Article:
R v Goddard, 2019 BCCA 164
Were certain conditions attached to the appellant’s probation vague, overbroad and unreasonable because there was an insufficient nexus between the conditions and the protection of the public and the appellant’s rehabilitation?
Of the 23 conditions imposed by the sentencing judge, the British Columbia Court of Appeal struck conditions 17 and 18 as a violation of the Appellant’s rights under the Charter.
The Fine Print
This was a complicated case where the 29-year-old Appellant pleaded guilty to breaching several conditions of his sentence. His criminal record dated back to 2010 and the offences included sexual offences against minors where the internet was used to contact the young victims.
This matter related to a breach of probation where the Appellant pleaded guilty to possessing a mobile phone capable of accessing the internet contrary to section 733.1(1) of the Code. He was sentenced to 1 day in jail followed by 3 years of probation which included 23 conditions. The defence contended that some of the conditions imposed should not be enforceable as they were unauthorized by government legislation and infringed the Appellant’s Charter rights.
At para 19, the BCCA noted the sentencing judge’s wide discretion in determining conditions on probation and that the appellate court will only intervene should there be an error in principle or a condition that is clearly unreasonable/manifestly inappropriate/renders the sentence unfit.
Under section 732.1(3)(h) of the Code, the sentencing judge is able to impose reasonable probation conditions that are considered desirable for “protecting society and facilitating the offender’s successful reintegration into society.” Along with these purposes, the conditions must also be reasonable and compliant with other provincial and federal legislation, including the Charter. “Reasonable conditions” will generally be linked to the particular offence but that is not an absolute requirement. What is required is a nexus between the offender, the protection of the community and the offender’s reintegration into the community: R v Duguay, 2019 BCCA 53 at para 65. R v Proulx, 2000 SCC 5 also held at para 32 that probation has typically been viewed as a rehabilitative sentencing tool and while it may have punitive aspects of effects, punishment will not be the primary purpose of its imposition.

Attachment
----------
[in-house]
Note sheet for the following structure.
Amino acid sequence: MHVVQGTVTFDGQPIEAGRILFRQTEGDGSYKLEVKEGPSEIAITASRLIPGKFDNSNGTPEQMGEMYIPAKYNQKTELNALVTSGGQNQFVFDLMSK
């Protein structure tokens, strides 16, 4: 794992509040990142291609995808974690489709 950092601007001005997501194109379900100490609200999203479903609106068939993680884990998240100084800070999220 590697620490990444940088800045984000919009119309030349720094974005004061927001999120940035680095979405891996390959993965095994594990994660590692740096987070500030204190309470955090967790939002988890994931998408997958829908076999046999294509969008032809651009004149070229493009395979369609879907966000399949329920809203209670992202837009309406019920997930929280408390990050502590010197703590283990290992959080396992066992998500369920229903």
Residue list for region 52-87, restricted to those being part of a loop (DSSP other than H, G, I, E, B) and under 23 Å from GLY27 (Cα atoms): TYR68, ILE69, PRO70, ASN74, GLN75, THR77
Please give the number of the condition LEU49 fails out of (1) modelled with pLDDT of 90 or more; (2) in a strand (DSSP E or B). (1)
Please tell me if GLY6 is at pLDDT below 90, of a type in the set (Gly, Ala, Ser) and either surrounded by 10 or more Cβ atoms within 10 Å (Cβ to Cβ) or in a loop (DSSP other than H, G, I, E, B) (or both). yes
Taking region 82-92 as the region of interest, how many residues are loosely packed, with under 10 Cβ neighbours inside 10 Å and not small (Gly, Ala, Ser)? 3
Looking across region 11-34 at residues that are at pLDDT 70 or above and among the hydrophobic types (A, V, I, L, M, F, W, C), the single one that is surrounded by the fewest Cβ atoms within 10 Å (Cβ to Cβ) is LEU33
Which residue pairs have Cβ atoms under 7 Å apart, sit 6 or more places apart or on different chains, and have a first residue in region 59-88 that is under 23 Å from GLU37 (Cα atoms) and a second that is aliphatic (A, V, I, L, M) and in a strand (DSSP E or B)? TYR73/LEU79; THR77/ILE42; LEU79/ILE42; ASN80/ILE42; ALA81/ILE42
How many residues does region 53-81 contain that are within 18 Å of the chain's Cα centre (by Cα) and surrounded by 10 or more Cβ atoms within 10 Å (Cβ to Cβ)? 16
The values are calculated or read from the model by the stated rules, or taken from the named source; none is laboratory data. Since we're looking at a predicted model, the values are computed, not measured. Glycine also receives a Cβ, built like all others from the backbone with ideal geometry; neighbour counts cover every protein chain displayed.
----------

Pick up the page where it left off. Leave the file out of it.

The impugned conditions read as follows (at paras 33 and 34):
Condition 17: You shall, upon your consent, allow any peace officer and/or probation officer to examine any device in your possession and permit any peace officer to bring any device in your possession to the police department to verify compliance with this order. You shall provide any peace officer and/or probation officer any passwords, access codes and manuals associated to any device in your possession to enable examination of the device. If you do not consent, you shall forthwith report to your probation officer and thereafter report daily to him or her until the probation officer decides that daily reporting is not necessary [Emphasis added].
Condition 18: You shall, upon your consent, allow any peace officer and/or probation officer to access your residence to confirm your compliance with the conditions of this order. If you do not consent to allow a peace officer and/or probation officer access to your residence to confirm compliance with conditions of this order, you shall forthwith report to your probation officer and thereafter report daily to him or her until the probation officer determines that daily reporting is no longer necessary [Emphasis added].
The Court noted at para 41 that, “[the Appellant] can refuse to provide consent to these searches. Significantly, however, his refusal comes at the price of daily reporting to his probation officer for as long as the probation officer deems necessary.” The Court found that the threat of daily reporting, should the Appellant not consent to a search, to be extraneous to the purpose of preventing him from using the internet to prey upon children. At para 48, the Court noted about the condition, “[…] it is, in its effect, a retaliatory and punitive measure that appears to be designed to pressure the appellant to waive his constitutional right.”
As noted at para 49, “[f]or a waiver of constitutional rights to be valid it must, among other things, be voluntary, meaning that the individual can choose one course of conduct over another, free from coercion.” The Court stated at para 53 that without the daily reporting provisio, the conditions would likely be acceptable. However, the conditions would simply state that the Appellant could consent to a search and this was unnecessary. Both of the conditions were struck from the Appellant’s probationary order.